A Little Slow on the Draw
Posted by Maggie on November 27, 2007
Go figure, the day I leave town and take a vacation from the blog, the Georgia Supreme Court makes headlines by striking down the state’s sex offender residency restrictions. I spent several days without access to pdf files, with no way to read the opinion. By the time I got back and started reading the news again, law enforcement had decided that it didn’t matter that the law was unconstitutional and they were going to enforce it anyway.
The Attorney General has thankfully clarified the issue, telling police that unconstitutional does in fact mean unconstitutional, no matter the person’s circumstances. However, it’s not the end. In this article, a Republican congressman from Sandy Springs says the legislature will re-draft. Based on my reading, it seems all they’ll have to do is allow grandfathering of sorts, that offenders can stay where they are if something new shows up after a certain date. I’m betting that’s the route they’ll take, though it completely ignores the bigger issue.
For those who haven’t read the opinion, the Court struck down the law based on the takings clause of the Constitution. The takings clause doesn’t allow the government to take your property without compensating you for it fairly. The law required sex offenders to move from their residences if a new day care or church or whatever showed up, meaning they’d never be guaranteed to stay anywhere. For property owners, it’s a taking. An easy but bad redraft would just say that offenders could stay as long as the residence met the requirements as of a certain date, so if something new came they could stay.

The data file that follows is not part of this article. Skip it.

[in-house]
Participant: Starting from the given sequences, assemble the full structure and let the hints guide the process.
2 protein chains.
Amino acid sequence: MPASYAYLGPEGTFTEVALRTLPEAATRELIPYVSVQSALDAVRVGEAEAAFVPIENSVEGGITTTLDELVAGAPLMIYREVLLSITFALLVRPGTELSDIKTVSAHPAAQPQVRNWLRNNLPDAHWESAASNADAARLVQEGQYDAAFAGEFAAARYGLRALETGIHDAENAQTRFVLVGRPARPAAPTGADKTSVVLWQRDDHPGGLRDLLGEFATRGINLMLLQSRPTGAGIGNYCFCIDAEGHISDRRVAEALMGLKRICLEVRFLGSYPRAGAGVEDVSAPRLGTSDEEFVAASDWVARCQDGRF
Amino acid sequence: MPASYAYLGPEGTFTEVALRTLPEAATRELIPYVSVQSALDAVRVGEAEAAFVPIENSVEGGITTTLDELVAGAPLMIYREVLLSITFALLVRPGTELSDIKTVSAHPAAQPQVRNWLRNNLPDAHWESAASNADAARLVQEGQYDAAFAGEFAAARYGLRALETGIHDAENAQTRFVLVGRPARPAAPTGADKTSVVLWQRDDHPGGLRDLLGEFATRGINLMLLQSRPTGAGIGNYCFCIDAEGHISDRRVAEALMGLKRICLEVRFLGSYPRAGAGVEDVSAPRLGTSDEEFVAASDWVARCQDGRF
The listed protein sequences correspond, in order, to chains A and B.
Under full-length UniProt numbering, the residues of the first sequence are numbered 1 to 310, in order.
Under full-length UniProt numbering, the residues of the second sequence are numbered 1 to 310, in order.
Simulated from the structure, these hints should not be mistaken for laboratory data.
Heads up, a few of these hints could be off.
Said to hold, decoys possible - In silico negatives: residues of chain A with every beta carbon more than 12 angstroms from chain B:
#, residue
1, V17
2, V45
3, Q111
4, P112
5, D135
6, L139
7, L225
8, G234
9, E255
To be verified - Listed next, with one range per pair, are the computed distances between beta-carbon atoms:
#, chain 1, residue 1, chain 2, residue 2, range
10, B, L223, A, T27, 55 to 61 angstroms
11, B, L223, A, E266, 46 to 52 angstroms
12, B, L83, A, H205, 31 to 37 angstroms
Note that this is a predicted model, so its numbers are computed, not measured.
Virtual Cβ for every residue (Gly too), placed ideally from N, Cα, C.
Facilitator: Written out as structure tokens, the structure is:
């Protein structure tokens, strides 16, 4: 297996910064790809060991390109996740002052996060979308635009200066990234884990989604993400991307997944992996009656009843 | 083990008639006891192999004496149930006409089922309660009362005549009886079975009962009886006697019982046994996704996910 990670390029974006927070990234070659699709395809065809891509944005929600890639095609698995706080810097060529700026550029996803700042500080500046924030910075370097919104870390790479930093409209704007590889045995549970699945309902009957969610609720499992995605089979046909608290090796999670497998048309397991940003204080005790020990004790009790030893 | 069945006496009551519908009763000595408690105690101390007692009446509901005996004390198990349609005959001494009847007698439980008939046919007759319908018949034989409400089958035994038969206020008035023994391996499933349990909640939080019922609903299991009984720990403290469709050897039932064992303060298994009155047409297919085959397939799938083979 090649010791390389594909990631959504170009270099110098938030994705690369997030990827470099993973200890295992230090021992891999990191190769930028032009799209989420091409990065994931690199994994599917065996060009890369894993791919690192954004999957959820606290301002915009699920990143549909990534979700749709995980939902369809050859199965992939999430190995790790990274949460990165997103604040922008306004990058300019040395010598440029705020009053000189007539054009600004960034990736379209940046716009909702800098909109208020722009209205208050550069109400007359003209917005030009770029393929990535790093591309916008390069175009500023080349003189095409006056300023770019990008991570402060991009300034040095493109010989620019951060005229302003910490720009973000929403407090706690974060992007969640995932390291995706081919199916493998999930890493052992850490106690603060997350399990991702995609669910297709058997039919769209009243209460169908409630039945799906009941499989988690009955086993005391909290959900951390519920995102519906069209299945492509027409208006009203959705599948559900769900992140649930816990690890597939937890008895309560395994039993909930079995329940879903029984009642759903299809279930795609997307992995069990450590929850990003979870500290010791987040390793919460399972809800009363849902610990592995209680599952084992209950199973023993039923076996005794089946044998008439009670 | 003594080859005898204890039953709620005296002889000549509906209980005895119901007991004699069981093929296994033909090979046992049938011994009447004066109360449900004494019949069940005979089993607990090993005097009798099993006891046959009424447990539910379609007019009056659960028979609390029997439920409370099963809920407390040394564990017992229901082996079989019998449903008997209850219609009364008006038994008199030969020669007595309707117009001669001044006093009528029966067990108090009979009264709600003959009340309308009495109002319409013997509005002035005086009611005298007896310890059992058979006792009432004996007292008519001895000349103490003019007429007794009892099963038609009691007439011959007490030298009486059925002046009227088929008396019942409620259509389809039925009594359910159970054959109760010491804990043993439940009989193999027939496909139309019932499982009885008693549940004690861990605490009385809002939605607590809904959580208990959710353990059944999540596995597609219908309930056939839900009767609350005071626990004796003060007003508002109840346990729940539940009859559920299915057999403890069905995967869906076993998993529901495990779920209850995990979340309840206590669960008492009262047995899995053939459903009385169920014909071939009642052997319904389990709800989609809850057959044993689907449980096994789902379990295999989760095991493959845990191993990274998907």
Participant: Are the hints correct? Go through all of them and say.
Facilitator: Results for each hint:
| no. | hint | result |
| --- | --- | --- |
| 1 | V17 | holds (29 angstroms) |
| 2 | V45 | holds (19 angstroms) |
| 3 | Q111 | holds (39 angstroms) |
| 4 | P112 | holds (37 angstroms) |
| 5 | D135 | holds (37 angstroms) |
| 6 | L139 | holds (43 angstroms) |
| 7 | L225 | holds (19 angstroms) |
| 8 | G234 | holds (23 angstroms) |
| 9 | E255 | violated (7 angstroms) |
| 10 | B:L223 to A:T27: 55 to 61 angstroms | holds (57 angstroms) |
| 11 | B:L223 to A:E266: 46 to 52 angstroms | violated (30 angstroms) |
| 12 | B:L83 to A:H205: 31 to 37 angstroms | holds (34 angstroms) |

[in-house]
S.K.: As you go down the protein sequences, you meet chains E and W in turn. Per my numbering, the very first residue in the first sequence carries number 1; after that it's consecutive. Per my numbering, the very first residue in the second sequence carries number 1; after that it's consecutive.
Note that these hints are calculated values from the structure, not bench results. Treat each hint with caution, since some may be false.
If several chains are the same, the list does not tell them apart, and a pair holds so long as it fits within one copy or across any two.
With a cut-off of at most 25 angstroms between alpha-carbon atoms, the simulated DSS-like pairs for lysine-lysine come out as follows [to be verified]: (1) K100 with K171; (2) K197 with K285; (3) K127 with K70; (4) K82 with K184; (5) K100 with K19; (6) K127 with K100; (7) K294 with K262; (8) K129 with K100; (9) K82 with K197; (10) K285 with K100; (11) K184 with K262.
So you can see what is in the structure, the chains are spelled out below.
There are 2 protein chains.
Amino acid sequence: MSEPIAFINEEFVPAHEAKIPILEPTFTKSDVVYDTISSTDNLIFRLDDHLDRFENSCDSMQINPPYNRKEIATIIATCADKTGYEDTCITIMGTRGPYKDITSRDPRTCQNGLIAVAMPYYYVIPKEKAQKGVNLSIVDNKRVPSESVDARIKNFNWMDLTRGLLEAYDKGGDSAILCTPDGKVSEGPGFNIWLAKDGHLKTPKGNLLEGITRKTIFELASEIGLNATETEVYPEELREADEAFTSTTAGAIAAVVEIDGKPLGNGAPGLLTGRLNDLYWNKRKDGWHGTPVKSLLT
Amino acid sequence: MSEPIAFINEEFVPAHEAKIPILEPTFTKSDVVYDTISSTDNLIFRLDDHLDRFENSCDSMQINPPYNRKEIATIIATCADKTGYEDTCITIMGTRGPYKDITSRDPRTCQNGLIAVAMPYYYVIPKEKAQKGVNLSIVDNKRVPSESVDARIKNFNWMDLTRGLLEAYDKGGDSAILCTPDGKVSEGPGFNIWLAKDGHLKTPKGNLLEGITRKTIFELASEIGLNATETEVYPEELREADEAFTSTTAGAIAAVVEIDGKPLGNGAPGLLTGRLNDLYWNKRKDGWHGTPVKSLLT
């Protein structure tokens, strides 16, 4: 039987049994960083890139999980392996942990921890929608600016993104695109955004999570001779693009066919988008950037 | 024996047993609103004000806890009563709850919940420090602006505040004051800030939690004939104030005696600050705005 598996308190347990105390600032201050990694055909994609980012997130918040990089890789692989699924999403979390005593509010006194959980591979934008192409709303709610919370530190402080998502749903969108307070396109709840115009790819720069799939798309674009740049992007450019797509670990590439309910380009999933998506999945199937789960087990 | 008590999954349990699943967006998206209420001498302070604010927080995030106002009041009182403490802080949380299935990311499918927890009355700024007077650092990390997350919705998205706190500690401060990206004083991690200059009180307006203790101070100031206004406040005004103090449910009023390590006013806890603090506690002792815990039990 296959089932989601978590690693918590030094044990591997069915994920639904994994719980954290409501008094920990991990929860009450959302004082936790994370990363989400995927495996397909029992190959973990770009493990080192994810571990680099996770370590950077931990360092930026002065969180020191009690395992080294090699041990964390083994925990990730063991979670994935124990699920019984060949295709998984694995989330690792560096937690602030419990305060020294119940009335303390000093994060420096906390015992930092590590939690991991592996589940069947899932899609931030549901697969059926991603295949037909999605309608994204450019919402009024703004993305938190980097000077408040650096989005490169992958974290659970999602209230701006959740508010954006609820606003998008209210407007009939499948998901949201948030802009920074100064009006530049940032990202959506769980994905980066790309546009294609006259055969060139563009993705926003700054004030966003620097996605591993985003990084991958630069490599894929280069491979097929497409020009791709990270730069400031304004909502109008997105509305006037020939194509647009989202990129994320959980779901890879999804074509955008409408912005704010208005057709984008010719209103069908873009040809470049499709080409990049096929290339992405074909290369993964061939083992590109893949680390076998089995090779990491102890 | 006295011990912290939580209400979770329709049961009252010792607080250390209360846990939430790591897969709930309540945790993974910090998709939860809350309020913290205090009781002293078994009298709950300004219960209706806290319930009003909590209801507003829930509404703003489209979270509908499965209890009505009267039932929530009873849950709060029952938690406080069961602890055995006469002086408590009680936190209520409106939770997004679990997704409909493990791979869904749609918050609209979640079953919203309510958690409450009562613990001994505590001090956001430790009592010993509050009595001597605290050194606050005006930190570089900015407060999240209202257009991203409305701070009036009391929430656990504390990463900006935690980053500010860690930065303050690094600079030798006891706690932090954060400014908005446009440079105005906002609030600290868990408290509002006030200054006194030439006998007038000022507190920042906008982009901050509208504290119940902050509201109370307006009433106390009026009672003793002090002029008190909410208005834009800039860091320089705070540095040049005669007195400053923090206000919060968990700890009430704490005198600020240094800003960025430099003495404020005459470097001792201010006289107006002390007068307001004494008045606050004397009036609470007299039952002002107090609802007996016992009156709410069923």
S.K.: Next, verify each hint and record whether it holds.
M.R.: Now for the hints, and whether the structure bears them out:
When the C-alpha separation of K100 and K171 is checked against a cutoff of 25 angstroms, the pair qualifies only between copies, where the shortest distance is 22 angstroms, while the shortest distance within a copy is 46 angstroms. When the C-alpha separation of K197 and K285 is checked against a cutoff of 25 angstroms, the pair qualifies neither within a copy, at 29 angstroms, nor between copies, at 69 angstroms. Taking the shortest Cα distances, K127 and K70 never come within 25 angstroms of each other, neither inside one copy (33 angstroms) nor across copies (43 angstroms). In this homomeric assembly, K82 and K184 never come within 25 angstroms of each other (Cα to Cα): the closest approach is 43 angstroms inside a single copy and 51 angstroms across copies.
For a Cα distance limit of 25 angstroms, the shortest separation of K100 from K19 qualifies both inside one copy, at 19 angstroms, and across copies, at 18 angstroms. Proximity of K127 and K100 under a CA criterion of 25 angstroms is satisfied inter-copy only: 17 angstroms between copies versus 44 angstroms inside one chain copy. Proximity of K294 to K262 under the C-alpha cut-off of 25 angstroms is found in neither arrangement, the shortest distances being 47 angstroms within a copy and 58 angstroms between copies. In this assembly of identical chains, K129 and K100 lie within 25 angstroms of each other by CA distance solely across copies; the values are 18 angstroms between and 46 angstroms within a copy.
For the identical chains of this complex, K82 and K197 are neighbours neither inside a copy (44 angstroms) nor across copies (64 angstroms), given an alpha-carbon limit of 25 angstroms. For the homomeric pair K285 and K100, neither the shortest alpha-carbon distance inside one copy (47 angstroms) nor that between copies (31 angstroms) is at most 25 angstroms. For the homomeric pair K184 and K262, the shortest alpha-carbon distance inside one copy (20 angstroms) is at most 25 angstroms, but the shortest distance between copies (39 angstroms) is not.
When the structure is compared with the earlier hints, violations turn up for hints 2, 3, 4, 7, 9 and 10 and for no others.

Here’s the problem. For those who should be kept away from children, there’s no protection. For those who have no reason to be kept away, it’s a huge burden. This op-ed puts it well. Sex offenses are not one-size-fits-all. And the mob mentality that seems to magically appear when sex offenses are on the table is ignorant to the statistics. Sex offenses are less common. Offenders are less likely to re-offend. Many offenders were involved in consensual acts. Others preyed only on family members. The sexual crime against a stranger that you see on all those procedural dramas happens much more rarely and are much more likely to be reported.
The Court’s opinion is a step in the right direction, but it’s not the end of the battle. But happily we’re on the forefront of a major issue that needs to be addressed.